Health Policy Project

The Health Policy Project has ended, but work continues under a new USAID five-year project, Health Policy Plus (HP+).


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New Budget Analysis Calls on Kenya’s County Governments to Increase Health Budget Allocations

October 1, 2015

NAIROBI, Kenya—The Kenya Ministry of Health’s (MOH) latest health budgeting report, the 2014/2015 National and County Health Budget Analysis, details changes in Kenya’s national and county budgets between the last two fiscal years (FYs) and provides evidence intended to improve the country’s current budgeting practices.

In FY 2013/14, the MOH requested assistance from the USAID- and PEPFAR-funded Health Policy Project (HPP)/Kenya to analyze national and county-level budgets to inform future planning and budgeting processes. That first analysis showed that county-level allocations to health decreased substantially with the onset of devolution—Kenya’s constitutional mandate to decentralize its government, delegating greater authority to its 47 newly established counties.

2014/2015 National and County Health Budget Analysis
In FY 2014/15, the MOH again requested the assistance of HPP/Kenya to conduct a national and county health budget analysis, this time to assess whether budget allocations were aligned with health sector priorities and to draw comparisons between FYs 2013/14 and 2014/15. Nationally, the MOH’s FY 2014/15 health budget increased by 34 percent over the previous year (FY 2013/14), even while contributions from development partners decreased. 

At the county level, average allocations to health also increased, jumping from 13 percent (FY 2013/14) to 22 percent (FY 2014/15). However, the analysis found substantial differences between individual counties. For instance, in FY 2013/14, over 80 percent of counties allocated at least 15 percent of their budgets to health. This past year (FY 2014/15), the percentage of counties that met the 15 percent threshold fell to less than 50 percent. Additionally, while the average allocation to health across counties rose, county decisionmakers continued to provide the majority of funding to visible infrastructure projects, rather than health services.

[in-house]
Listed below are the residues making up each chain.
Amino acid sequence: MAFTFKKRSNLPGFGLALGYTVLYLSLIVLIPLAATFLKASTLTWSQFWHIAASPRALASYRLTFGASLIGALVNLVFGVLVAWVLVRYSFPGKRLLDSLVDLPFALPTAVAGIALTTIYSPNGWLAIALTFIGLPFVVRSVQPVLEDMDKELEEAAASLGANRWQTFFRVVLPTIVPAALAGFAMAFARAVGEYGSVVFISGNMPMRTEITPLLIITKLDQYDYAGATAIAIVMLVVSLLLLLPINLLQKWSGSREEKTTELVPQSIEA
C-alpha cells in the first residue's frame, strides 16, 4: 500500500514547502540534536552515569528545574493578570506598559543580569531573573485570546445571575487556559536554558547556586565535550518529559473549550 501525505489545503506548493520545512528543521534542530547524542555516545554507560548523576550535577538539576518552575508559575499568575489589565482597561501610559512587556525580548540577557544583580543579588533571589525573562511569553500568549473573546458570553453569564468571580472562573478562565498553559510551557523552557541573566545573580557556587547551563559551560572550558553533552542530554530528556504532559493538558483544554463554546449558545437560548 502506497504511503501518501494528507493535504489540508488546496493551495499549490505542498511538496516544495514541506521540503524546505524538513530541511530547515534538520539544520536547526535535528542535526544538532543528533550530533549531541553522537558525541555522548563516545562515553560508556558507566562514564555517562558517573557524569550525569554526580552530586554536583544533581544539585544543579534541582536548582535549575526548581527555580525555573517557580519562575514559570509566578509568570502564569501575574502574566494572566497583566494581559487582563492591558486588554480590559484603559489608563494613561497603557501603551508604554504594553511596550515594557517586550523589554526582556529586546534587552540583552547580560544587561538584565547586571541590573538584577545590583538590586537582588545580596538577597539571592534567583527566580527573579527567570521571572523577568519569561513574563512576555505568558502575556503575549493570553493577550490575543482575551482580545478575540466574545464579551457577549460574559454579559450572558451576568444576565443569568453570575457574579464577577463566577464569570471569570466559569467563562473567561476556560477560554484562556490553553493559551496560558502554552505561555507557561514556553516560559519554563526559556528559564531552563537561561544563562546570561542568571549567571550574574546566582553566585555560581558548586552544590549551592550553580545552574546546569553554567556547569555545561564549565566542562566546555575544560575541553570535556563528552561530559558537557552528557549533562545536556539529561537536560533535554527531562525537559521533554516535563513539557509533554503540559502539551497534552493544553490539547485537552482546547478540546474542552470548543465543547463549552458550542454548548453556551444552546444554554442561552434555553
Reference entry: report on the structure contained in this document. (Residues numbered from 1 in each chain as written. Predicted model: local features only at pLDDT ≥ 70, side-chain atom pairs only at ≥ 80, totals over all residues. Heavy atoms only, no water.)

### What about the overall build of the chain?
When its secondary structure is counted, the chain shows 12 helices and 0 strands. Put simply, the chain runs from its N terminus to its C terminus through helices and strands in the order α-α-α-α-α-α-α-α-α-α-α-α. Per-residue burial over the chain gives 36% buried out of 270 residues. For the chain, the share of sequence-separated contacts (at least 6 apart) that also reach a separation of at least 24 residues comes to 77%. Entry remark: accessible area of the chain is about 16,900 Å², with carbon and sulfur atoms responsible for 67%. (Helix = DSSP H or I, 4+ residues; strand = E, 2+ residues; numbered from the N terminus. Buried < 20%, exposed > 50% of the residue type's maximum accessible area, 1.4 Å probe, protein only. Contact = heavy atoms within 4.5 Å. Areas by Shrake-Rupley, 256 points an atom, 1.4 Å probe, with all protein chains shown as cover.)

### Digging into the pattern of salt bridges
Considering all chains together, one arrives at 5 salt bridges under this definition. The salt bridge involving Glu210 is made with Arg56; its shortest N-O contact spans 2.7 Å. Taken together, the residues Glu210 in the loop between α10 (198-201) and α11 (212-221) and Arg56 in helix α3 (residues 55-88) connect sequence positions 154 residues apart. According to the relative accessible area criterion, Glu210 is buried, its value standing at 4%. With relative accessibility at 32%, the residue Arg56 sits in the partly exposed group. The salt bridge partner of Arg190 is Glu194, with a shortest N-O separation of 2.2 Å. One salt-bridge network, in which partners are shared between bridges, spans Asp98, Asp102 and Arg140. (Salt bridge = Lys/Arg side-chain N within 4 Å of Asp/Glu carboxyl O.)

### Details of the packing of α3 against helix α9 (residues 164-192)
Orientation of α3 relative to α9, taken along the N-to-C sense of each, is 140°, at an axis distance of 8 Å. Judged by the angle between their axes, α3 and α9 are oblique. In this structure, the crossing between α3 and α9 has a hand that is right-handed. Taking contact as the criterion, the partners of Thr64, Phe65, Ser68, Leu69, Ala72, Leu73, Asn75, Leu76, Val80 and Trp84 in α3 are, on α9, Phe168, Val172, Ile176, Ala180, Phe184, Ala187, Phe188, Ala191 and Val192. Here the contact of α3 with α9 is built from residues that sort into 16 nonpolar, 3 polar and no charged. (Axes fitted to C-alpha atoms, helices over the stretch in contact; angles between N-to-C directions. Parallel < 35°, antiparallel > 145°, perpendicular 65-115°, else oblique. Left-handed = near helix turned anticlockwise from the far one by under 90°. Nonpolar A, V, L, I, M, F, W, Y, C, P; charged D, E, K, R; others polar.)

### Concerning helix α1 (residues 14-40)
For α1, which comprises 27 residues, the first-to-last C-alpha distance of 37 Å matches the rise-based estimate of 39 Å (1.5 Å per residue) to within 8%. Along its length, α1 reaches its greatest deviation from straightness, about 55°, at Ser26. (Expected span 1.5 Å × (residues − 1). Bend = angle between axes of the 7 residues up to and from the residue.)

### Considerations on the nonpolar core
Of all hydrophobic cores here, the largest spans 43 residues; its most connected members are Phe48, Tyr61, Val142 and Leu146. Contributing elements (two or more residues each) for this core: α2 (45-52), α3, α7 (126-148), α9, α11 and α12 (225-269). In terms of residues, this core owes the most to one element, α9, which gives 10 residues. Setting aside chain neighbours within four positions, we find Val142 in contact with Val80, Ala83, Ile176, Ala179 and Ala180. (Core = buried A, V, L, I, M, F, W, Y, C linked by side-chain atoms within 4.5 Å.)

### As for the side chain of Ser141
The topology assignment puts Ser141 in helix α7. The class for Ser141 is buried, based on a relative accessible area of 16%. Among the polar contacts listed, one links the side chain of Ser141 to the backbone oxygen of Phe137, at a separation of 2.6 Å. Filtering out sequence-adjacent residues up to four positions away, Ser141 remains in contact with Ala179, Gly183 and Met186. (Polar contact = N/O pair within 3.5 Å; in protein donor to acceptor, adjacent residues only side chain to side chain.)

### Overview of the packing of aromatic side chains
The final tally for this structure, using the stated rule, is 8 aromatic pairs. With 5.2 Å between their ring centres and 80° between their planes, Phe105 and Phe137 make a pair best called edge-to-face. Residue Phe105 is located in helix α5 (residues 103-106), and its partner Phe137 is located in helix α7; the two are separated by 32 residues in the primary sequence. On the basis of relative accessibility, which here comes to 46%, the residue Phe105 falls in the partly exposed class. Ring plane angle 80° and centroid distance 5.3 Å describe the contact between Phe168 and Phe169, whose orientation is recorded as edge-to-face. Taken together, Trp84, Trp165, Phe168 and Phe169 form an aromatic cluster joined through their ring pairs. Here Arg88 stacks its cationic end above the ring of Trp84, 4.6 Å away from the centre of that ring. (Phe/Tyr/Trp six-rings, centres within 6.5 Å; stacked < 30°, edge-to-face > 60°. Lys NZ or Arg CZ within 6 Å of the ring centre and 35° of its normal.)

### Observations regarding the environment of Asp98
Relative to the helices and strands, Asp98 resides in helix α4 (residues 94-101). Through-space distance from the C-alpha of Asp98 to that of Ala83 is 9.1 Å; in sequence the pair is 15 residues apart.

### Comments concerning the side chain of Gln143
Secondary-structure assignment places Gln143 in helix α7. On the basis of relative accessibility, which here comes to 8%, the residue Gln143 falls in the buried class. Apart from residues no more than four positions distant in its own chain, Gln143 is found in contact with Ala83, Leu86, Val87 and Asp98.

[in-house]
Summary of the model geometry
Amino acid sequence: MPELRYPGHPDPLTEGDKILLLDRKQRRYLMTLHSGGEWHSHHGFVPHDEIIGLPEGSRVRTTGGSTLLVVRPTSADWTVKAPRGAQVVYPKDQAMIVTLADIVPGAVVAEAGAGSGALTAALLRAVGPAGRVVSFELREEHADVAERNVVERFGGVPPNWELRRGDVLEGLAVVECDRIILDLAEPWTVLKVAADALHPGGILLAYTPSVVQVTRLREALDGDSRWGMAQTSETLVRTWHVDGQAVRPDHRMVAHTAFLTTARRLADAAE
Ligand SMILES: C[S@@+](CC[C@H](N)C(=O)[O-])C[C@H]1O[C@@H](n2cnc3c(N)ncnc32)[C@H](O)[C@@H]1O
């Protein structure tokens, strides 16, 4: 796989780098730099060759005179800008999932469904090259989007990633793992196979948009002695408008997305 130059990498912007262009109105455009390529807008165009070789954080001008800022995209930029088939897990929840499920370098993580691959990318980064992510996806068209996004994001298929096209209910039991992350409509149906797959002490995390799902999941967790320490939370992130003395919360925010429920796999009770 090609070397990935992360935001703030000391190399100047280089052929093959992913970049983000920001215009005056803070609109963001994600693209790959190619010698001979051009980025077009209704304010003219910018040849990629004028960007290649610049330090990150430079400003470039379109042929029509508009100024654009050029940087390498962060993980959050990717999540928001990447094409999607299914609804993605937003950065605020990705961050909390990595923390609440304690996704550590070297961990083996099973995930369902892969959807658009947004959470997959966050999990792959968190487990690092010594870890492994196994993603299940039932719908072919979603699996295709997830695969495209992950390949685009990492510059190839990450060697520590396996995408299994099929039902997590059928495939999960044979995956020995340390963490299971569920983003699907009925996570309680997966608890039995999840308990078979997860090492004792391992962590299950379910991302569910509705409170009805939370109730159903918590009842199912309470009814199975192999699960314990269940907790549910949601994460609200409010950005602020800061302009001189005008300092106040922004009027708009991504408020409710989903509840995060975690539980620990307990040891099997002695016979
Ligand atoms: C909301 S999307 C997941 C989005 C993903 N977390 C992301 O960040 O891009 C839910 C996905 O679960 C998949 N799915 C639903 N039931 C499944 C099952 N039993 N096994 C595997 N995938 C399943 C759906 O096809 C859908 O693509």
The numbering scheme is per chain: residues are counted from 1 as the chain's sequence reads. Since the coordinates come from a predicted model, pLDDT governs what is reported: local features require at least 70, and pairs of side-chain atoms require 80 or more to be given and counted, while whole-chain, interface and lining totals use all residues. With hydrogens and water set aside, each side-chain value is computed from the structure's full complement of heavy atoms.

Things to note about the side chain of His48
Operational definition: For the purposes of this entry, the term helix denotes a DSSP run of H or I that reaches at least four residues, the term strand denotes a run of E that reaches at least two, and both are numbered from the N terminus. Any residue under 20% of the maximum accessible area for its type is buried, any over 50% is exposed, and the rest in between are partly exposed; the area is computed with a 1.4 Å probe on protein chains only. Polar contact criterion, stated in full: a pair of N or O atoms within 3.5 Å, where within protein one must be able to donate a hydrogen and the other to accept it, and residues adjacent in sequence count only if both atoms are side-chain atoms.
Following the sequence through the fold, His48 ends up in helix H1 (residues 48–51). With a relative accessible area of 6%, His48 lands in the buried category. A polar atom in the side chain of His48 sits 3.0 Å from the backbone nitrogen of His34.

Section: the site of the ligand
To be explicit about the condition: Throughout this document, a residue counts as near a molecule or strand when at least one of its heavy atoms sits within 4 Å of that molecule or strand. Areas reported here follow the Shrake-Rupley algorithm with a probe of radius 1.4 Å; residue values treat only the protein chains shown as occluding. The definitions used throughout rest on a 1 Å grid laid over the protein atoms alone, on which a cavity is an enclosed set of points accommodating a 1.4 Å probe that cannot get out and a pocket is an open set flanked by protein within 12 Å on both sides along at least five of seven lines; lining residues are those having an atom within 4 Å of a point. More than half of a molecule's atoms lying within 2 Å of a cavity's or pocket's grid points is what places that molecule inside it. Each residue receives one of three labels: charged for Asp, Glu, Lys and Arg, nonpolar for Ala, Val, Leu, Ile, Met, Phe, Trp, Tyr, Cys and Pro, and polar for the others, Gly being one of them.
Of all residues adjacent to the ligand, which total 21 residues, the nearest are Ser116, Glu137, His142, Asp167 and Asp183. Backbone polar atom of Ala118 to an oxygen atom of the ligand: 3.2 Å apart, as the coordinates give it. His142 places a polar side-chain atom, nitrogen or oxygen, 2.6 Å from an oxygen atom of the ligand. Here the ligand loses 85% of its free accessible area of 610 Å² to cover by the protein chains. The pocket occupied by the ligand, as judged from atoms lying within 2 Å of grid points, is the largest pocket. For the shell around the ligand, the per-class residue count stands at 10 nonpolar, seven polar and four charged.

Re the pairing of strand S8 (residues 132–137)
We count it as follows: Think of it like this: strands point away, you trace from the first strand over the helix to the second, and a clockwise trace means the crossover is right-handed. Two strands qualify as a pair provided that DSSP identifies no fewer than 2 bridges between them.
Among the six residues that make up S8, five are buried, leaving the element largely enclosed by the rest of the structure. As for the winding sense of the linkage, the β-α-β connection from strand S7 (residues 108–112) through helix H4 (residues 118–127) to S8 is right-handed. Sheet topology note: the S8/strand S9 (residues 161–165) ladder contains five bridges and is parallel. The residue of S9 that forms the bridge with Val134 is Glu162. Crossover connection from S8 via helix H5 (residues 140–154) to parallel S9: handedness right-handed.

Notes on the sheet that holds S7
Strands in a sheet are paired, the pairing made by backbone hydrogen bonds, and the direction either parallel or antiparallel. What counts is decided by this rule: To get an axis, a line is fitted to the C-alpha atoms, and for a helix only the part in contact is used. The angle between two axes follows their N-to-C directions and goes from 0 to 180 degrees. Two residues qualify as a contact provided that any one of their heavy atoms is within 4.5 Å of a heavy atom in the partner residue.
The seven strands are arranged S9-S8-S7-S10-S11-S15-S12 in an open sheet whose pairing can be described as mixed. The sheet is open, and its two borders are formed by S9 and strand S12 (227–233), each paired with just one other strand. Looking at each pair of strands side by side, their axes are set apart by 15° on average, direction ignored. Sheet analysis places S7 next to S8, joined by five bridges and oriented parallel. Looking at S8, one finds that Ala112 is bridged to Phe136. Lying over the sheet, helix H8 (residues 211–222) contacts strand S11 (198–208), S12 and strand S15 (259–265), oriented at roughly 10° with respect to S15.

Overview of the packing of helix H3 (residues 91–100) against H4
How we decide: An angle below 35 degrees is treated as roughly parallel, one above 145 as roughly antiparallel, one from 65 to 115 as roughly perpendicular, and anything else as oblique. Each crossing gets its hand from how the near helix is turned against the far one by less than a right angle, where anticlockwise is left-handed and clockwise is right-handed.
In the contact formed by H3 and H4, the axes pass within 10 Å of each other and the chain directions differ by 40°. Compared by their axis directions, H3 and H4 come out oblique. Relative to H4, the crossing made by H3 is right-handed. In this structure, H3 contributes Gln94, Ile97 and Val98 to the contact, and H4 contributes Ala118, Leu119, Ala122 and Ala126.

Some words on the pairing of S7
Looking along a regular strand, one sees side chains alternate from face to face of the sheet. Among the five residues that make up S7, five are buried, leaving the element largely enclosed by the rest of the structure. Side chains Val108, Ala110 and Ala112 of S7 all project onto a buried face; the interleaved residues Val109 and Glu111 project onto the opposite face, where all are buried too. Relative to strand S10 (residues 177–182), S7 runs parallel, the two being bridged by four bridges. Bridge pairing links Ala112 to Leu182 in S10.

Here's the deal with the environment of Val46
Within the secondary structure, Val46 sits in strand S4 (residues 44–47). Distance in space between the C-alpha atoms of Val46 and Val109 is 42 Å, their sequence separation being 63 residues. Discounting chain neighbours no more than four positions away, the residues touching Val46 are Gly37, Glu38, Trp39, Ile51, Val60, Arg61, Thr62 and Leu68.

Speaking to the report’s findings, HPP/Kenya director Stephen Muchiri commented, “We have worked with the MOH to share the findings from the analysis with the national government, counties, and development partners to underscore the need for increased health budget awareness and advocacy to ensure that health outcomes do not suffer due to the lower funding of health services.”

As a first step toward achieving this goal, the FY 2014/15 analysis outlines a series of recommendations. These include the need for counties to match infrastructure investments with human resources and other necessary inputs to ensure that facilities are not under-utilized, and the need for counties to support a move toward program-based budgeting (i.e., a budget organized around a set of priority health programs).

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The Health Policy Project is a five-year cooperative agreement funded by the U.S. Agency for International Development under Agreement No. AID-OAA-A-10-00067, beginning September 30, 2010. The project's HIV-related activities are supported by the U.S. President's Emergency Plan for AIDS Relief (PEPFAR). It is implemented by Futures Group, in collaboration with Plan International USA, Avenir Health (previously Futures Institute), Partners in Population and Development, Africa Regional Office (PPD ARO), Population Reference Bureau (PRB), RTI International, and White Ribbon Alliance for Safe Motherhood (WRA). The information provided on this Web site is not official U.S. Government information and does not represent the views or positions of the U.S. Agency for International Development or the U.S. Government.

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